“He threw everything toward the plate but the ball.” —Ted Williams
Conrado Eugenio Marrero, the oldest living major league baseball player, celebrated his 102nd birthday in Havana on April 25, 2013 with one of his patented cigars. Connie passed away just short of his 103rd birthday on April 23, 2014.
Connie Marrero pitched 735 innings for the Washington Senators in 1950-54, compiling a W-L record of 39-40. He was named to the 1951 All-Star team but did not play. He left after being scratched from the 1955 roster. (Well, by then he was 43!) He continued playing Cuban ball and was a baseball coach there into his 80s.
His best year was 1952, when he went 11-8 with a 2.88 ERA for the 78-76 Senators, known for good pitching and light hitting. Born in Sagua La Grande, Cuba, he didn’t play his first game in the majors until the age of 38. He was brought up by Senators owner Clark Griffith’s scout, Papa Joe Cambria, who specialized in plumbing Cuba for low-budget players.
Marrero loved to recall facing off against greats like Mickey Mantle and Willliams. The Huffington Post quoted him: “One day Williams got two home runs off me, and afterward he came up to me and said `Sorry, it was my day today.’ I responded, ‘Ted, every day is your day.'”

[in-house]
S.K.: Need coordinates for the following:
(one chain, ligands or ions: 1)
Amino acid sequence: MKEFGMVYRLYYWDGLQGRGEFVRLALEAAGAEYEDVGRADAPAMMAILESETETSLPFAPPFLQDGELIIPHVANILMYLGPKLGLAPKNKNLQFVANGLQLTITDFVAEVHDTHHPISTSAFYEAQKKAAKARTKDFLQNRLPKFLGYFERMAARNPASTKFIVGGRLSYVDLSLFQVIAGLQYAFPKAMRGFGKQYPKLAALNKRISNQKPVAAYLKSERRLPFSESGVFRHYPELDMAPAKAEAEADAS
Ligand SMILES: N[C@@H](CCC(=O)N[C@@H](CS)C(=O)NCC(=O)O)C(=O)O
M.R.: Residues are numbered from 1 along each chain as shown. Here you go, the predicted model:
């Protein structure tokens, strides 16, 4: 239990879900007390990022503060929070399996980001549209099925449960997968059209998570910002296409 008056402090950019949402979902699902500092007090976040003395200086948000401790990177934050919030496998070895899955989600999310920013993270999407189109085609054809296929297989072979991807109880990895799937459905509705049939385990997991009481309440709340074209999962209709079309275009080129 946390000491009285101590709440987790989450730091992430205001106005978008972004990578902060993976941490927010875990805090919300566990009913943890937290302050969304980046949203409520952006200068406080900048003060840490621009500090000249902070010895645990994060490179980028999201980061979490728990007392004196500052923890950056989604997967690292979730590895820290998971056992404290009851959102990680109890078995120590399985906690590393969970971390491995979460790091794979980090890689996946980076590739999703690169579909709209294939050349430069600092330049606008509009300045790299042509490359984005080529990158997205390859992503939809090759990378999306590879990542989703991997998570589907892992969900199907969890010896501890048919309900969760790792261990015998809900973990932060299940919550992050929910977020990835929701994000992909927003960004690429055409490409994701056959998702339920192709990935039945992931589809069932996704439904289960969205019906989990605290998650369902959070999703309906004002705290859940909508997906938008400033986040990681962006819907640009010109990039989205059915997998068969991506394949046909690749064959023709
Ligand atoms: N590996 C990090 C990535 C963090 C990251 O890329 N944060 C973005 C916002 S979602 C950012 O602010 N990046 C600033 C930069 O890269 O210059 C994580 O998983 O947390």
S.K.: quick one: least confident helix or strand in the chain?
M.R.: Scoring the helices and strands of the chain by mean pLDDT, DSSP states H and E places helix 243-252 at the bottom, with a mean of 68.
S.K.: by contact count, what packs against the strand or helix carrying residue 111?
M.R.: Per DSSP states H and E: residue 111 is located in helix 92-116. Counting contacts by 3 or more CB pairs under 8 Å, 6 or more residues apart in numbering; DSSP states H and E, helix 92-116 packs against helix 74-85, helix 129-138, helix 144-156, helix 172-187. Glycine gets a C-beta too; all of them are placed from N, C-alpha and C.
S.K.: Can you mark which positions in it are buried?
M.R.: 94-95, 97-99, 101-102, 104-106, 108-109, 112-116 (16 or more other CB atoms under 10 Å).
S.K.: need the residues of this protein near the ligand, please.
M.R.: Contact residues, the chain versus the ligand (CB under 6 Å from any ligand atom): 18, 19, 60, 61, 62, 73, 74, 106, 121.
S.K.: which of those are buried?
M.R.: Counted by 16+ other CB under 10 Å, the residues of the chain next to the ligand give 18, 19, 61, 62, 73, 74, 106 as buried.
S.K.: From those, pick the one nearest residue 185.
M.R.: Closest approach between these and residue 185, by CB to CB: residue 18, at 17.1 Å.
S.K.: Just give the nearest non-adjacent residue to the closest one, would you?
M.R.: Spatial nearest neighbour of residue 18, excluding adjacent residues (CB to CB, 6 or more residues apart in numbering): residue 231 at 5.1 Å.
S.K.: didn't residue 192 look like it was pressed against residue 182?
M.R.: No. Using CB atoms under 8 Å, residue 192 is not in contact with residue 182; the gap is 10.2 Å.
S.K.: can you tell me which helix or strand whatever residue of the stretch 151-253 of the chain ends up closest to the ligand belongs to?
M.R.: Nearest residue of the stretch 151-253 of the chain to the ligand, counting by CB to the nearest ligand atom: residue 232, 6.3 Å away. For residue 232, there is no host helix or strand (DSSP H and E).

Marrero stood only 5’5″ but putting on his Senators uniform with its big blue block W “always made me feel bigger, more powerful.” And beating the Yankees was the sweetest feeling in the world: “They were strong. They were the best. Each batter was a struggle.”
From Tom Deveaux’s The Washington Senators 1901-1971:
Manager Bucky Harris was hardly enamored with the rotund Marrero at first sight in 1950…just another one of Joe Cambria’s projects destined to flop. Hardly blessed with a deep roster, however, Bucky, who’d envisaged Marrero as at least a relief possibility, ended up using him primarily as a starter.
No less a hitter than Ted Williams became an admirer of Connie….Hitters would be salivating, anxious to get a crack at his knuckler, but once Marrero got ahead of you, Williams said, you were dead.
After Marrero struck out Williams with the bases loaded at Fenway Park, it became obvious that all was well with Marrero and Harris. Connie walked off the field, proudly plopped his glove in Harris’s lap, and proclaimed, “More money now.”
Marrero, who lived very modestly, was eligible for $20,000 granted him by a 2011 agreement between Major League Baseball and the Players’ Association for financial aid to 1947-79 players who did not qualify for a pension. But the money was held up by the U.S. economic embargo, which made financial transactions difficult.